Jeff Zuhlsdorf, owner of Tin Man Heating & Cooling
Originally published: 06.01.17 by Terry Tanker
Terry Tanker recently sat down with Jeff Zuhlsdorf, owner of Tin Man Heating & Cooling in Bowling Green, Ohio, a 2017 Tops in Trucks Fleet Design Contest winner. Zuhlsdorf started his company in 1988. The two discussed rebranding the company, the importance of planning, the keys to growing his business and much more.
1. Congratulations on being a Tops in Trucks winner — how many vehicles are in your fleet?
Thank you, we’re thrilled. We have a Ford Van, four Chevy Vans, a GMCVan, a Ford Box Truck, a GMC Box Truck and a Dodge Ram.
2. How did you come up with the idea for this fleet design?
I hired a design firm and they wanted to change our logo. I said I was open to that, and we went back and forth several times before we came up with the final design.
3. Have you seen a return on this investment?
The investment is $2,400 per vehicle, and it’s a bit too early to tell. We are turning a lot of heads in traffic, however, and customer feedback has been great. Our employees really like it as well.
4. If you could go back and start the process over again, what would you do differently?
I would have started wrapping the fleet sooner. No other company in the area has a wrapped vehicle and I’m sold on the fact that our vehicles are our best marketing tool, both short- and long-term.
5. What is your background?
I started in the industry more than 30 years ago as a commercial refrigeration service technician and I really enjoyed it. I started Tin Man without a lot of business experience and had to learn through trial by fire (laughs).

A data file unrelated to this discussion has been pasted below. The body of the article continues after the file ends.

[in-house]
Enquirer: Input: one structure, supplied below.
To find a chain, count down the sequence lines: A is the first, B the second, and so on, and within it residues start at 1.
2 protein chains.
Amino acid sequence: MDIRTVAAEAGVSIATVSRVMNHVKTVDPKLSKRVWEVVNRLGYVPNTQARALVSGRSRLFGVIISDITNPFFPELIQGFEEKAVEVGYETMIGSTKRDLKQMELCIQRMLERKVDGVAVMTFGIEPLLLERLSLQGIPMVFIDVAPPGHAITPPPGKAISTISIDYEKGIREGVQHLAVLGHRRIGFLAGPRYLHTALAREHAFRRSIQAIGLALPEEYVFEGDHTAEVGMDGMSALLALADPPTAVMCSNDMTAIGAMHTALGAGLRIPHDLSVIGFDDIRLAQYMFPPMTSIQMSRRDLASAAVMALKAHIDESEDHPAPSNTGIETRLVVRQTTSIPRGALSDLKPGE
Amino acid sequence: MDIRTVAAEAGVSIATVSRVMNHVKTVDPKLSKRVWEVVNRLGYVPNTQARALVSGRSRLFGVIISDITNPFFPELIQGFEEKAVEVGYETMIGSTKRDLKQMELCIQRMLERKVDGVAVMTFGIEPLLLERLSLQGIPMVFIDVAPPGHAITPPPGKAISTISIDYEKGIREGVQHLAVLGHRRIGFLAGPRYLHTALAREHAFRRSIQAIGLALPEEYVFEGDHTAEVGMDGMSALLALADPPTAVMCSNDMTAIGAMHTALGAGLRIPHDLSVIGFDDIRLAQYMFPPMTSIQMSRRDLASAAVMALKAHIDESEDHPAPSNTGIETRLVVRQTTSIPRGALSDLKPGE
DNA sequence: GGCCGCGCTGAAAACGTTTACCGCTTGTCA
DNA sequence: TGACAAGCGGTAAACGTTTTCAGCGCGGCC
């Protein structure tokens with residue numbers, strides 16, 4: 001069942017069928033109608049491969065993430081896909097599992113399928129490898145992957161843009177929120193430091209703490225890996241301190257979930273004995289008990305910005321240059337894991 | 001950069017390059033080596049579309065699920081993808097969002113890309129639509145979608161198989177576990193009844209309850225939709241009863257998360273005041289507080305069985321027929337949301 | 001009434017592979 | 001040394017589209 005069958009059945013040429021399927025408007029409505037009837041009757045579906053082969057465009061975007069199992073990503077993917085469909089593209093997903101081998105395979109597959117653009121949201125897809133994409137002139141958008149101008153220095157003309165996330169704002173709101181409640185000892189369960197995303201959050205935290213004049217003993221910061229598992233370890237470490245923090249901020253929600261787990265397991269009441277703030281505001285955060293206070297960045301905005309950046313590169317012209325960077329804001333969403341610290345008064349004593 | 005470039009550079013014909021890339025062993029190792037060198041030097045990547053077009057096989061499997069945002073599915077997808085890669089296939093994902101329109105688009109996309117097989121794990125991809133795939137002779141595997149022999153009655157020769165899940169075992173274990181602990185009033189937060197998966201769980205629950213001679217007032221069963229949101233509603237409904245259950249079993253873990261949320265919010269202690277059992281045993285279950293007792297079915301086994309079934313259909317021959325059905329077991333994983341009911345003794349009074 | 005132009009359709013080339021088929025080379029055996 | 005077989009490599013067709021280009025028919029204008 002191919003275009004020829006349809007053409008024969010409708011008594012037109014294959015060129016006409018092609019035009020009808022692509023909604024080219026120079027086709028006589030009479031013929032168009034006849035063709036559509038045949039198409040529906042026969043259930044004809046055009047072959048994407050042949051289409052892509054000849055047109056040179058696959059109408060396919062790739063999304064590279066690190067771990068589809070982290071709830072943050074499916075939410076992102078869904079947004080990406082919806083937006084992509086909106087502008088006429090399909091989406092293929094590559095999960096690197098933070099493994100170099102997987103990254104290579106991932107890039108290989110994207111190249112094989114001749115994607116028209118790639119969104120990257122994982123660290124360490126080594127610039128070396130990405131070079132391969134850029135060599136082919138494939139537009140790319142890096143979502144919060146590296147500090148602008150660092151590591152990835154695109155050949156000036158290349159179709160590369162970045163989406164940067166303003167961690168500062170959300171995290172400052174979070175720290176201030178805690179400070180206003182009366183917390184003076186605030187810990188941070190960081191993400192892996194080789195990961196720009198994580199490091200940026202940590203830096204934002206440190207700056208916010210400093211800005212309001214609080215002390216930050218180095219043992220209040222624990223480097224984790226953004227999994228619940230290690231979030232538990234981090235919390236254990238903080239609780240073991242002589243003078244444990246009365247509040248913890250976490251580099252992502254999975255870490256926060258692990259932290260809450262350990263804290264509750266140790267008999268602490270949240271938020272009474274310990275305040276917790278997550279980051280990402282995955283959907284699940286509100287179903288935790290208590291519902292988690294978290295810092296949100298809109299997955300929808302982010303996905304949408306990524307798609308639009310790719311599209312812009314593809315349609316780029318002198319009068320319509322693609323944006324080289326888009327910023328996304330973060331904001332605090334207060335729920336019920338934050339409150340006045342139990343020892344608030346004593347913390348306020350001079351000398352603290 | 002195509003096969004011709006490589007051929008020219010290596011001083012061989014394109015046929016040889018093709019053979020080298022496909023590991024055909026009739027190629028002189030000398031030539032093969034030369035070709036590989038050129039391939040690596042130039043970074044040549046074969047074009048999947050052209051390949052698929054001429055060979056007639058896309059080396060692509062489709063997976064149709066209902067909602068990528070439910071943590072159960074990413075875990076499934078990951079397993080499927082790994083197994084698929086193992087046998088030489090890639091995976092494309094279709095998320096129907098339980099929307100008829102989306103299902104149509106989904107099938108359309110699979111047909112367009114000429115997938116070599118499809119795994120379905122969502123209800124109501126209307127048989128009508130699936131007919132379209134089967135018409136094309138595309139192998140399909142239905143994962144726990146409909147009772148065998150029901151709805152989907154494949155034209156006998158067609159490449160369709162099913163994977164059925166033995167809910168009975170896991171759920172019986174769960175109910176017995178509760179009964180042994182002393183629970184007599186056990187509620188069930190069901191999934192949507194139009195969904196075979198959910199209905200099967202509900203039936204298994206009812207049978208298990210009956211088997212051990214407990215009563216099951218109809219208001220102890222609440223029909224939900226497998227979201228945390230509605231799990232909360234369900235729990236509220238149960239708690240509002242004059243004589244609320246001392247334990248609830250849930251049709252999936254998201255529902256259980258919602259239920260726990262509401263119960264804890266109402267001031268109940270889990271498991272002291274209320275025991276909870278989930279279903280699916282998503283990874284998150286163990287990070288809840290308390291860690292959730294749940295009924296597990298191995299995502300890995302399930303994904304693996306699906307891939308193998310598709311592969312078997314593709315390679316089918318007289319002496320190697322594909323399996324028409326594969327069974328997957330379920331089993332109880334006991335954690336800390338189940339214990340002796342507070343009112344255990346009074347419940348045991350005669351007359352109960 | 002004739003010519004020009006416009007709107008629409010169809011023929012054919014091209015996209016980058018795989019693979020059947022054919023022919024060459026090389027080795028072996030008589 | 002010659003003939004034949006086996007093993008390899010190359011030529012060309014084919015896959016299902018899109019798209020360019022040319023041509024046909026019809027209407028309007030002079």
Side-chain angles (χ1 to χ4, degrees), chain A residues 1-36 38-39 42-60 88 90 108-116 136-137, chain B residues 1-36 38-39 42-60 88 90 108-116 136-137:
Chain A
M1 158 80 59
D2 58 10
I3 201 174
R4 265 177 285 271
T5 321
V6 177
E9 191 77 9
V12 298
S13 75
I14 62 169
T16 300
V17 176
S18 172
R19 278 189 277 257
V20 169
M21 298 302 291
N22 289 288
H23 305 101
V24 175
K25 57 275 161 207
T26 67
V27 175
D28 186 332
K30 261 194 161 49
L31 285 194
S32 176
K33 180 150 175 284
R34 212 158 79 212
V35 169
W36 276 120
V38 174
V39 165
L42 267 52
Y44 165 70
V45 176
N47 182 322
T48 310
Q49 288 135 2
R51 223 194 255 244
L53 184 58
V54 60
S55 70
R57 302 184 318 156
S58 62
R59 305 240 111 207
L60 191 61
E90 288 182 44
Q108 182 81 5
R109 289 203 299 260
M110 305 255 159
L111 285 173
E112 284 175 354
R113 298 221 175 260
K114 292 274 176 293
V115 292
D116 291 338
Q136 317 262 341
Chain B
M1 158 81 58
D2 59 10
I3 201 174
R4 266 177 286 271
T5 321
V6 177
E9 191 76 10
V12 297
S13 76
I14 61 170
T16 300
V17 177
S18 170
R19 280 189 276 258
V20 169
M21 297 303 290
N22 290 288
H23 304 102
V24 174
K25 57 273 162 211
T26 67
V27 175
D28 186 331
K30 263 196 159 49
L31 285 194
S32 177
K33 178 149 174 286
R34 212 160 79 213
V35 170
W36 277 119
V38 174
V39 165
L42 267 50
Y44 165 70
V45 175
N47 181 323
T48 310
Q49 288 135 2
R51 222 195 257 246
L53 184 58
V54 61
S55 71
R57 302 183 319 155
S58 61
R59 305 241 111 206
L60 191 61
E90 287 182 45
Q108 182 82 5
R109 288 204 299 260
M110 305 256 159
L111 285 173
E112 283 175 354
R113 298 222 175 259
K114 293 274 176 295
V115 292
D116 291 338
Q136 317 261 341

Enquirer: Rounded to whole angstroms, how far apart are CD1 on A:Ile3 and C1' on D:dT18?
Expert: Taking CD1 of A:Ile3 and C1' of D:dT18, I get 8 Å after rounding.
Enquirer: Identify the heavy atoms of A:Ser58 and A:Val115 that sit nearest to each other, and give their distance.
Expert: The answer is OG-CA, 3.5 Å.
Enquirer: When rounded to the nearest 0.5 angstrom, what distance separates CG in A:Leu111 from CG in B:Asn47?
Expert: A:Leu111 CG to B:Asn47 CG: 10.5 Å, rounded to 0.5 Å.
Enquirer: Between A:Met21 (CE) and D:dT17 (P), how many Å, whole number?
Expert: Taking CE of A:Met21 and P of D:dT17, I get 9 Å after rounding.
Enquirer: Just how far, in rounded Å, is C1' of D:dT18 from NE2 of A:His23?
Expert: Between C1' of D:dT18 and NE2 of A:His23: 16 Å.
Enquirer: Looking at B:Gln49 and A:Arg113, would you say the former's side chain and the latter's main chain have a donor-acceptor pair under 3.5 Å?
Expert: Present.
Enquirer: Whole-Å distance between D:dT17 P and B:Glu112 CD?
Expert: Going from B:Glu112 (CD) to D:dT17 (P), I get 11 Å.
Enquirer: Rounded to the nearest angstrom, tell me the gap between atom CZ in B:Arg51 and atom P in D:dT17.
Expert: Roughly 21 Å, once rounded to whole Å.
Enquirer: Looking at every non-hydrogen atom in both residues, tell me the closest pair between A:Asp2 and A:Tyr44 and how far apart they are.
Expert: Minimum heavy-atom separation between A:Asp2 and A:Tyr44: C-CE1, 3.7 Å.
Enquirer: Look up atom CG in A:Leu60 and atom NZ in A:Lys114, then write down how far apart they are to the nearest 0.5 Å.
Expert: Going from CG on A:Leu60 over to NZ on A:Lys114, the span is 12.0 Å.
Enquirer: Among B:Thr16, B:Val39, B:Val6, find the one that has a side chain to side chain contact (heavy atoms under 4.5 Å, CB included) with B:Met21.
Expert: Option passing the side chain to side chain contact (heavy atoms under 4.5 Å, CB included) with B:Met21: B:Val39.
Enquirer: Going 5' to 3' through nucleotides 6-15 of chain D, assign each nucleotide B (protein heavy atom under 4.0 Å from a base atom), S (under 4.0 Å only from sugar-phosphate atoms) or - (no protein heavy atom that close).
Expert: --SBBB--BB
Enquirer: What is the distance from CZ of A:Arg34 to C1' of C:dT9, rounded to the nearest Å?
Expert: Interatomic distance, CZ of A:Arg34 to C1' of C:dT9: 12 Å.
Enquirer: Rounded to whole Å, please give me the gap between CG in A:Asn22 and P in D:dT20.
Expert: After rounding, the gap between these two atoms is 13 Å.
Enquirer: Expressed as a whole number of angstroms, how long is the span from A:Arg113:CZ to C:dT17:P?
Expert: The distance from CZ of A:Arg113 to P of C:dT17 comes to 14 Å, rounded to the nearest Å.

6. Last year Tin Man grew by 36 percent — what are you doing differently?
I was much more consistent with regard to business planning and strategy. Instead of jumping around, I stuck with one plan. Lots of times, I’ve found myself trying to implement too many things and never giving them enough attention. So, I simplified the approach and it really worked.
7. Was it profitable growth?
Yes, it really was. Our bottom line was 15.6 percent.
8. Formerly, did you have a business plan?
In my mind, yes (laughs). It’s different getting it on paper. Life happens, problems pop up and you get side-tracked and the next thing you know, you’re trying something different. Rather than jump around, its best to stick with “a” plan. And, if you find you need to make an adjustment or two that’s fine — just don’t start something new.
9. For others without a plan, what advice do you have?
They are essential. When you go on vacation, you’ve got a map, you’ve got a plan. You don’t simply get in the car and say, “Well, I guess we’re pointing this way, so off we go.” Sports teams may be the best analogy. They have an executable plan for each game and, typically, the team with the best execution wins the game. Business planning is exactly the same.
10. What are the major elements of your plan?